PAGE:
Chayanov A. V. Organization of agricultural production at the local level (Article of A.V. Chayanov in English) // The Russian Peasant Studies. 2022. V.7. №3. P. 21-34.

DOI: 10.22394/2500-1809-2022-7-3-21-34

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  • About the authors

This typescript was found in the fund of the Soviet party economist Lev Natanovich Kritzman (F. 528) in the Archive of the Russian Academy of Sciences (ARAS), and has never been published before. The typescript consists of 16 sheets without an autograph or any handwritten corrections and marks. The typescript does not have any direct indications of the time of its creation. There are two more documents: a letter to Kritsman of December 26, 1929, and a fragment of the text written by Chayanov’s hand, which is very close to this typescript and seems to be one of its drafts. On the back of this sheet, there is an inscription — “2nd House of Soviets. Room 327. To L. N. Kritzman from A. Chayanov”.
The typescript presents the concept of the gradual ‘rooting’ of the peasant economy in socialism through the voluntary ‘cooperative collectivization’ and with the incentive mechanisms of a purely economic nature. We can see similar theoretical bases in Lenin’s ‘cooperative plan’ and Bukharin’s theory of the peaceful ingrowth of capitalist elements into socialism. In these ideological-theoretical alternatives to Stalin’s collectivization, the peasant was considered a full-fledged subject of the economic activity and socialist construction, who needed all possible assistance with the state policy measures rather than commands.
Chayanov refused to choose between the state-farm construction and the total socialization of the peasant agricultural sector. He developed an alternative program of socialist construction, which included the thorough revision of his own positions on some issues. Based on the data, Chayanov sought to show how far the Soviet village had moved from the pinnacle of the pre-war economic development, and that the Soviet peasantry had ceased to be ‘an object of the agronomic influence’. Thus, according to Chayanov, in contemporary realities, old methods and schemes of agronomic work became ineffective.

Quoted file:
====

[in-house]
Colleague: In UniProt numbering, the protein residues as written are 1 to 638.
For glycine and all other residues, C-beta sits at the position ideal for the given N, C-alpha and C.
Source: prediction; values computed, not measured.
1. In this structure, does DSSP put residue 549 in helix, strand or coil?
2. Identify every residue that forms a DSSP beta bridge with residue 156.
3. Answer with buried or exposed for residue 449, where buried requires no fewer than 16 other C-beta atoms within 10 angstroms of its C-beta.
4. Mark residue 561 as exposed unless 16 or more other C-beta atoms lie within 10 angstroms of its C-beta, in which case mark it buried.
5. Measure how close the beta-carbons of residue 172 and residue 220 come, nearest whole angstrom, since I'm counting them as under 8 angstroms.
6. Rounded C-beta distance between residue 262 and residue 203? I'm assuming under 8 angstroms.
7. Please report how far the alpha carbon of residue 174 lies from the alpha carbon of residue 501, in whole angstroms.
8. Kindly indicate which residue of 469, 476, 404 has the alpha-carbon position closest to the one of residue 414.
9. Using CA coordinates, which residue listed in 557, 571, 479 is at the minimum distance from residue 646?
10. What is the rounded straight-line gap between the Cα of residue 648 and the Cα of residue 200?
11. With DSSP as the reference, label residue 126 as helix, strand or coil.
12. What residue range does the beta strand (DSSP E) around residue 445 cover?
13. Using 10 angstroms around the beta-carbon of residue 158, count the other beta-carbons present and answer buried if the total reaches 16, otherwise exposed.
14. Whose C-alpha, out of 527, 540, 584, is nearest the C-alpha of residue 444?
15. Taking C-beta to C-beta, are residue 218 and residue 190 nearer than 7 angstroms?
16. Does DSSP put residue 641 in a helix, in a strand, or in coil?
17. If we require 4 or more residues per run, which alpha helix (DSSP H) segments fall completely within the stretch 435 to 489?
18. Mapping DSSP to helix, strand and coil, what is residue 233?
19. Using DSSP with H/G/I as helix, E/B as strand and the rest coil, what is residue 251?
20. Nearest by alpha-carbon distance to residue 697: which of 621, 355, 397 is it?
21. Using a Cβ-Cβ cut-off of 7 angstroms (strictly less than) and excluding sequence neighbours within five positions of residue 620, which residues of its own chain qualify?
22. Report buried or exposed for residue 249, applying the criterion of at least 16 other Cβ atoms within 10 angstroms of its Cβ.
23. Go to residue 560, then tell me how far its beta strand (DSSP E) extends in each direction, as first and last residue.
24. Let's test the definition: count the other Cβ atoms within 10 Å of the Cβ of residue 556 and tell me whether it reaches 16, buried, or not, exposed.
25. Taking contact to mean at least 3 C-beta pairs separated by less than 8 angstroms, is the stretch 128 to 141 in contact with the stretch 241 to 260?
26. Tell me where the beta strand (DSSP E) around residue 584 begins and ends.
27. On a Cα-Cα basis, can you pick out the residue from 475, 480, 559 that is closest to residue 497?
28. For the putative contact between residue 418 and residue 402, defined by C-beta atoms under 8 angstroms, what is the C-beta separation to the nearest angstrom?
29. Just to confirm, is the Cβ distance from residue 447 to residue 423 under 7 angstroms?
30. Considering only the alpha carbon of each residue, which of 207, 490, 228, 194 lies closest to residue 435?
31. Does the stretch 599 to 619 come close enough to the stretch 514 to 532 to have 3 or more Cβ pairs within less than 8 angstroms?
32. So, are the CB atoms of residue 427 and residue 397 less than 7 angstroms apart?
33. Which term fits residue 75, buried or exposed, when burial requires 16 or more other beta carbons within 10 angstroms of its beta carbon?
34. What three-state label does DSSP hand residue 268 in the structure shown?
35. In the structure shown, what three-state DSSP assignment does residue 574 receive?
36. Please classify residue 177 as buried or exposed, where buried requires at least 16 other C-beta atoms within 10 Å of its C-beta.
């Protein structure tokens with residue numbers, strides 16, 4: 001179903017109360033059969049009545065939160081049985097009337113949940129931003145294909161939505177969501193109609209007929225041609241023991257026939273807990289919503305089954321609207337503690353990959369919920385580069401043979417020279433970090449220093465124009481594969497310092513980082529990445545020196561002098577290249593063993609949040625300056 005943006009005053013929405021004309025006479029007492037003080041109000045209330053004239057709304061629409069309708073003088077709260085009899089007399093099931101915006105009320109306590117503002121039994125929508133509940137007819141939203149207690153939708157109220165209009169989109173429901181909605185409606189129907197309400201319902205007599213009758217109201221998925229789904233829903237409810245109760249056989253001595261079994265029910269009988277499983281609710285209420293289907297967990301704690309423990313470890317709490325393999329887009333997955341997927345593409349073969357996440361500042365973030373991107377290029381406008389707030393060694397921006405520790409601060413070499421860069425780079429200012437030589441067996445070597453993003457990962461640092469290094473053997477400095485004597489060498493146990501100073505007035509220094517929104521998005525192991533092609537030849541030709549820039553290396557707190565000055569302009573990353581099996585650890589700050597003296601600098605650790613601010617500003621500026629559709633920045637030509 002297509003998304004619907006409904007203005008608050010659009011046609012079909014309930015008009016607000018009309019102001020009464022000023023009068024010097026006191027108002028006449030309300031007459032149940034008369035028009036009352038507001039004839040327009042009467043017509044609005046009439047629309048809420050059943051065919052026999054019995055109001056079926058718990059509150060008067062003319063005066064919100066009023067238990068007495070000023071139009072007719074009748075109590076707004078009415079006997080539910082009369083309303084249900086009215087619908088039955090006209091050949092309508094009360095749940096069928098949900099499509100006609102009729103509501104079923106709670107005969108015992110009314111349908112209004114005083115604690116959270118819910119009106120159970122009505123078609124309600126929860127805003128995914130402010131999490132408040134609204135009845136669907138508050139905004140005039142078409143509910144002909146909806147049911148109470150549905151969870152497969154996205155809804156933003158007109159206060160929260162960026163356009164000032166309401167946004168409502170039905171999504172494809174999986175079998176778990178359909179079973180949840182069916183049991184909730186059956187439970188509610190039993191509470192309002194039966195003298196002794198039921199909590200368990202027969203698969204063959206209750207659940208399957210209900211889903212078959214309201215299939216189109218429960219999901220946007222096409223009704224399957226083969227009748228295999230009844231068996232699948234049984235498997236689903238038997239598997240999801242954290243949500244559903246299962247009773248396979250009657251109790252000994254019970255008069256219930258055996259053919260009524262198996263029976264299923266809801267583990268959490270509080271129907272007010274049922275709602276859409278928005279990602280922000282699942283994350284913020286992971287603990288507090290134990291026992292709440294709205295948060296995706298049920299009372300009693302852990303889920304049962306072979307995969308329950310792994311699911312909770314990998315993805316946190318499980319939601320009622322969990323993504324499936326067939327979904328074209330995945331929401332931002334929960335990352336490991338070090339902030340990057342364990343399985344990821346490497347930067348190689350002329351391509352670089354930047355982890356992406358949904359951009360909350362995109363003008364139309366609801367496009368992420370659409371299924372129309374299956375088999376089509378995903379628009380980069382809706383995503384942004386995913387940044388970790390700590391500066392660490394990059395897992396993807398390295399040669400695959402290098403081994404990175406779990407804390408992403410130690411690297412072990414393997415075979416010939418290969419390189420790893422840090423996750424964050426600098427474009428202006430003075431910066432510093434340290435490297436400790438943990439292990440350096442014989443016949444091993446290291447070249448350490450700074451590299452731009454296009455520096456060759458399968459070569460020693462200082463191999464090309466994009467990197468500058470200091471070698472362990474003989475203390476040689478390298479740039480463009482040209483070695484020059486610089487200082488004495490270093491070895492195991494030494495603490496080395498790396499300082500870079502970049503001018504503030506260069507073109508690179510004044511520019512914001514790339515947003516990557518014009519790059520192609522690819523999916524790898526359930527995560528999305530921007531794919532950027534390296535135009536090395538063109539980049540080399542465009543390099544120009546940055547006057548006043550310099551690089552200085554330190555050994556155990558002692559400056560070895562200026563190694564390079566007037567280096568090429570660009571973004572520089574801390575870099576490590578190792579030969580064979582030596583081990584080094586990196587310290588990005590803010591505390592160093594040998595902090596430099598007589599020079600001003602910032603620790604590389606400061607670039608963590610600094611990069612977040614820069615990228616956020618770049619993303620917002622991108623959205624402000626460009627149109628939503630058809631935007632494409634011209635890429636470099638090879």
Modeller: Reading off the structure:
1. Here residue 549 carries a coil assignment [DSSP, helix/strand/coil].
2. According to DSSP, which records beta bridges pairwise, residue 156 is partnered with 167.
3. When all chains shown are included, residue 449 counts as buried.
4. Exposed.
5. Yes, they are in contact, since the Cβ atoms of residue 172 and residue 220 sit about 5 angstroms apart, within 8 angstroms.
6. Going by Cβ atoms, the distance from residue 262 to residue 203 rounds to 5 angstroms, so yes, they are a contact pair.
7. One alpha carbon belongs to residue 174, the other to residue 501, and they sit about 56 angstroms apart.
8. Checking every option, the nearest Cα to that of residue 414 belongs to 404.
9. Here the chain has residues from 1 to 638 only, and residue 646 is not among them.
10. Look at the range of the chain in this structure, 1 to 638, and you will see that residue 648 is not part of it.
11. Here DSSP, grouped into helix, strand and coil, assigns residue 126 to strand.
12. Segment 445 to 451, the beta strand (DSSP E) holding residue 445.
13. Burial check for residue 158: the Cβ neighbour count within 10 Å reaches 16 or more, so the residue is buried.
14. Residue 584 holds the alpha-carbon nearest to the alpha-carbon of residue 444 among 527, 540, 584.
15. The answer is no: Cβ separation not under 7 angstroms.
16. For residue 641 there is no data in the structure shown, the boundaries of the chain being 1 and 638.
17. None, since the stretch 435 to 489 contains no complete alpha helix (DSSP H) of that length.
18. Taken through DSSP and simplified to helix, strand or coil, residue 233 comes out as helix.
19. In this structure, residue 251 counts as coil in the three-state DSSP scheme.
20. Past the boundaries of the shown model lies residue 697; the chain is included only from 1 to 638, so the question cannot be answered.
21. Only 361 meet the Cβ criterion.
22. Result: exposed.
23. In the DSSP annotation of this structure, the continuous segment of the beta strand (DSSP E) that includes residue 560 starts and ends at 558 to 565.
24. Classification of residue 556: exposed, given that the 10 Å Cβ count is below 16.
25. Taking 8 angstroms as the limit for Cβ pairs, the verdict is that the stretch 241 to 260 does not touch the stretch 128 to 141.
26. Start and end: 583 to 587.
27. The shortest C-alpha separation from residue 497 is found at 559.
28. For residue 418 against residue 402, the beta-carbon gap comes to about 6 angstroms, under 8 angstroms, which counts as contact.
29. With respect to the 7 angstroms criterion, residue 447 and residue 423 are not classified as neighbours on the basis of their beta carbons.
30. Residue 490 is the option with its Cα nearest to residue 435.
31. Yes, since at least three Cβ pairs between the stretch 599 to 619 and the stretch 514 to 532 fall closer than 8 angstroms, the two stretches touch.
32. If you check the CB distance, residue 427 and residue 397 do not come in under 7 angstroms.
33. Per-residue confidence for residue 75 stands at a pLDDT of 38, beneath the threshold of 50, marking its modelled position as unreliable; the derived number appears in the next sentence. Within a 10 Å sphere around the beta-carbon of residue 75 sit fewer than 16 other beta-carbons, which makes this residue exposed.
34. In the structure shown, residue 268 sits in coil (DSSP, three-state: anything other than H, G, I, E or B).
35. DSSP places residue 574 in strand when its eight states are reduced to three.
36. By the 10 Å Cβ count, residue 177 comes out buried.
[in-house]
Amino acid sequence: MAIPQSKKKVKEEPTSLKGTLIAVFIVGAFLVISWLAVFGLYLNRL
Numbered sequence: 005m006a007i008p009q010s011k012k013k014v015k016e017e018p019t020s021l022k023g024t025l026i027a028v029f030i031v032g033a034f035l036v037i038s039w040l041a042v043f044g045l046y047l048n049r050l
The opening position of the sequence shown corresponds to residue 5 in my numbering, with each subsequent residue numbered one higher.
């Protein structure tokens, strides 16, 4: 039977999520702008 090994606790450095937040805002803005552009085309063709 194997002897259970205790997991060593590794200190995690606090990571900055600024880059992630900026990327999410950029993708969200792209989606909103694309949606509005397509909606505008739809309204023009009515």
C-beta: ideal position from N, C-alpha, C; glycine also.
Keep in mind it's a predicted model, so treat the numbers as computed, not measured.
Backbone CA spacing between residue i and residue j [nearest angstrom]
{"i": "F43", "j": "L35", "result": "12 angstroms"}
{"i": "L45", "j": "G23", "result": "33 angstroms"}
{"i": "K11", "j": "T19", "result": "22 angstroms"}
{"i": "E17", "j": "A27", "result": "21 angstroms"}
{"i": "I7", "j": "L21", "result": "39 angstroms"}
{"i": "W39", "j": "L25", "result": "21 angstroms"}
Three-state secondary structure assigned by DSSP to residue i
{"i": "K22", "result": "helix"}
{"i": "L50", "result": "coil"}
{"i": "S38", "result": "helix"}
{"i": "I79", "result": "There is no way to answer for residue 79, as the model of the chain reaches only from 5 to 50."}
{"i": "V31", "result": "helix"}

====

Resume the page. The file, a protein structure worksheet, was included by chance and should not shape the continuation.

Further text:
Archivists dated the documents in the file to 1930. We do not know reasons for such dating, but it raises some doubts. We can be certain about relative dating and the lower chronological frame — 1927. According to the address-reference book All Moscow, Kritzman moved to Room 327 of the 2nd House of Soviets in 1927 (All Moscow (1927) Address-Reference Book for 1927: 3rd year of publication by the Moscow Council; with the new plan for the city of Moscow, Moscow, p. 147).
There are more doubts about the upper chronological frame. If all these documents are really related to each other, the text should be dated according to the letter to Kritzman. Chayanov wrote that he had not finished an agronomic essay (in collaboration with P. Ya. Gurov and S.G. Uzhansky), because he was terribly upset by the first days of work of the First All-Union Conference of Marxist Agrarians. Moreover, Chayanov “did not get Sadyrin’s article, which made him throw away the whole ‘reality’ and end his ‘cooperation’ in the same purely theoretical terms as he had started” (ARAS. F. 528. Inv. 5. F. 137. L. 1). Chayanov could mean his articles for the Great Soviet Encyclopedia, in which Kritzman edited the section of economic sciences and the subsection of economic policy until 1931; or for one of the periodicals, in which Kritzman was a member of the editorial board (for instance, On the Agrarian Front). Chayanov could use the word ‘cooperation’ as a title for the typescript sent to Kritzman for proofreading and editing.
By the end of 1929, Chayanov was in an extremely difficult situation, and it became even worse after the First All-Union Conference of Marxist Agrarians, at which Chayanov and his colleagues were ideologically persecuted. Probably, after Stalin’s speech, Kritzman decided to postpone or abandon this publication. There is no article by Chayanov in the Great Soviet Encyclopedia, and no articles by Gurov or Uzhansky in the corresponding volumes; and this typescript was not published.
If our reasoning is correct, Chayanov’s courage can hardly be overestimated: under the huge ideological and psychological pressure, he decided to publicly announce his disagreement with Stalin’s course.
Editor’s notes are marked as Ed. and given in square brackets.

Chayanov, collectivization, peasantry, state, social agronomy, socialism.

Chayanov Alexander V.
Afanasenkov Vladislav O. (publisher), Senior Researcher, Moscow School of Social and Economic Sciences; Junior Researcher, Research Centre for Economic and Social History, Russian Presidential Academy of National Economy and Public Administration. Vernadskogo Prosp., 82, Moscow, 119571, Russia.
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Trotsuk Irina V. (translator), DSc (Sociology), Professor, Sociology Chair, RUDN University; Senior Researcher, Center for Agrarian Studies, Russian Presidential Academy of National Economy and Public Administration. 119571, Moscow, Vernadskogo Prosp, 82.